Millions of smokers may have undiagnosed lung disease
More than half of long-term smokers and ex-smokers who are considered disease-free because they passed lung-function tests have respiratory-related impairments when more closely evaluated with lung imaging, walking and quality-of-life tests. Many of those people likely have the earliest stages of chronic obstructive pulmonary disease, an incurable progressive disease (COPD) that is the third leading cause of death in the United States.
"The impact of chronic smoking on the lungs and the individual is substantially underestimated when using lung-function tests alone," said James D. Crapo, professor of medicine at National Jewish Health and senior author of the study, which is being published June 22, in JAMA Internal Medicine. "Lung disease is common in smokers whose lung-function tests fall within population norms."
COPD is diagnosed by having people blow as hard and as long as they can into a device called a spirometer, which measures how much air they can blow out in one second and how much total air they can force out of their lungs. Individuals' results are compared to population norms and adjusted for age, size and gender.
The researchers evaluated 8,872 people ages 45 to 80 who had smoked at least a pack of cigarettes a day for 10 years (10 pack-years) or the equivalent. Most had smoked considerably more, 35 to 50 pack-years. About half the participants were considered disease-free based on their lung-function tests.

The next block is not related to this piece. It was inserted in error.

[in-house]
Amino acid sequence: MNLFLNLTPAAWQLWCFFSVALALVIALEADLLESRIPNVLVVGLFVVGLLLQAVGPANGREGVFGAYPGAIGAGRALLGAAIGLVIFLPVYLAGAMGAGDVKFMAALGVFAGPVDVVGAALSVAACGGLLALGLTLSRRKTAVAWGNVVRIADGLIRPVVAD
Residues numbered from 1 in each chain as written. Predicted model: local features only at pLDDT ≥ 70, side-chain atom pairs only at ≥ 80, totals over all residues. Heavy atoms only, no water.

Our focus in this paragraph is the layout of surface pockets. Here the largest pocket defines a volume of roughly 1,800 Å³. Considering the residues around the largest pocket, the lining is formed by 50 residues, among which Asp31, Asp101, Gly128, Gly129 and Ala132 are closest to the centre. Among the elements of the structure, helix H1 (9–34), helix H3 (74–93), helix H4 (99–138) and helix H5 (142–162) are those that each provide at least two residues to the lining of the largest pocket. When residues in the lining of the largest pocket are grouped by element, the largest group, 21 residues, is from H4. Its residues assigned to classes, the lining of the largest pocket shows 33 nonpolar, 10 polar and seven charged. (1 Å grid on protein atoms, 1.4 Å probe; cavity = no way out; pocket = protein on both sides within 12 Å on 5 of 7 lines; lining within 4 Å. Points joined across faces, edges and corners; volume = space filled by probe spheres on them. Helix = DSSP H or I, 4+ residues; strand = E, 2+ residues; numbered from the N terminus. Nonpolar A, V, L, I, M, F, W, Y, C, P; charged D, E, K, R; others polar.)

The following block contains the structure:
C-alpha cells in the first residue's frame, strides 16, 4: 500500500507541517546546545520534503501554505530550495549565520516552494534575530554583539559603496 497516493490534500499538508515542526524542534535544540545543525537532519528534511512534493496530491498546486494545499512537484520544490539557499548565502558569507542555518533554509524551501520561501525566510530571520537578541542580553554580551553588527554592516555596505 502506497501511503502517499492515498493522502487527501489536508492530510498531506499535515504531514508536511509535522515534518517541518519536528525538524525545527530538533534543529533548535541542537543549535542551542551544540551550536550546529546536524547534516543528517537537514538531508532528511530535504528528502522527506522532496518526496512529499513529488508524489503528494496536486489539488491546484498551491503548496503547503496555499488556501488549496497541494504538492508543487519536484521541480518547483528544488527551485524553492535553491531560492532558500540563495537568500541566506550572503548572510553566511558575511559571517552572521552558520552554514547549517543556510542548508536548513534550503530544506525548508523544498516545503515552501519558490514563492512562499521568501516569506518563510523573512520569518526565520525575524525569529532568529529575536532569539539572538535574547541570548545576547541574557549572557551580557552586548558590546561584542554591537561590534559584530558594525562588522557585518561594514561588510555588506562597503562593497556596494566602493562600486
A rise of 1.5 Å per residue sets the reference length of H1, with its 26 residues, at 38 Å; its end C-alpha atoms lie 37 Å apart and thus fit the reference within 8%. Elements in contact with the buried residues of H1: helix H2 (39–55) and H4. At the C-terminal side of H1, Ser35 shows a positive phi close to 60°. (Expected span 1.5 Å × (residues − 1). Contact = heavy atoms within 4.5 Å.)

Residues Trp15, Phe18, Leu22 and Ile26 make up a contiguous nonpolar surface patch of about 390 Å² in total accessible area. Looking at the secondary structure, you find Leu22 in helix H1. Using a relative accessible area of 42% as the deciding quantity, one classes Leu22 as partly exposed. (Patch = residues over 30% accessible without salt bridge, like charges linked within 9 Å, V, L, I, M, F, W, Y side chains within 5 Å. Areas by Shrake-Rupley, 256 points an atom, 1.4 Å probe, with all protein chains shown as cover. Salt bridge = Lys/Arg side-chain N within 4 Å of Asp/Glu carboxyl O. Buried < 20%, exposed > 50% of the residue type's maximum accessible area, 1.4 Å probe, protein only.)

When researchers considered other criteria including impairments in physical function, respiratory symptoms, CT scans, use of respiratory medications, and respiratory-specific quality of life, they found that 55 percent of the "disease-free" study participants had some form of respiratory related impairment.
CT scans found emphysema or airway thickening in 42 percent of the disease-free participants. Twenty-three percent had significant shortness of breath compared to 3.7 percent of never smokers. Fifteen percent walked less than 350 meters in six minutes, compared to 4 percent of never smokers. The disease-free smokers also had considerably worse quality of life than never smokers, with 25 percent of them having scores on questionnaires that exceeded a threshold considered clinically significant.
"Smokers who have 'normal' lung-function tests often have significant respiratory disease. Many of those smokers likely have the early stages of chronic obstructive pulmonary disease," said Elizabeth Regan, MD, PhD, lead author and assistant professor of medicine at National Jewish Health. "We hope these findings will help debunk the myth of the healthy smoker and highlight the importance of smoking prevention and cessation to prevent lung disease and other long-term effects of smoking."
Recent research has shown that lung CT screening of smokers with smoking histories of at least 30-pack years can lead to early detection of lung cancer and reduce deaths by 20 percent. Early detection of COPD may also enable early treatment that can improve symptoms, functional abilities and quality of life. Drs. Crapo and Regan hope the findings will encourage long-term smokers to get lung CT screenings to detect early stages of lung cancer and COPD.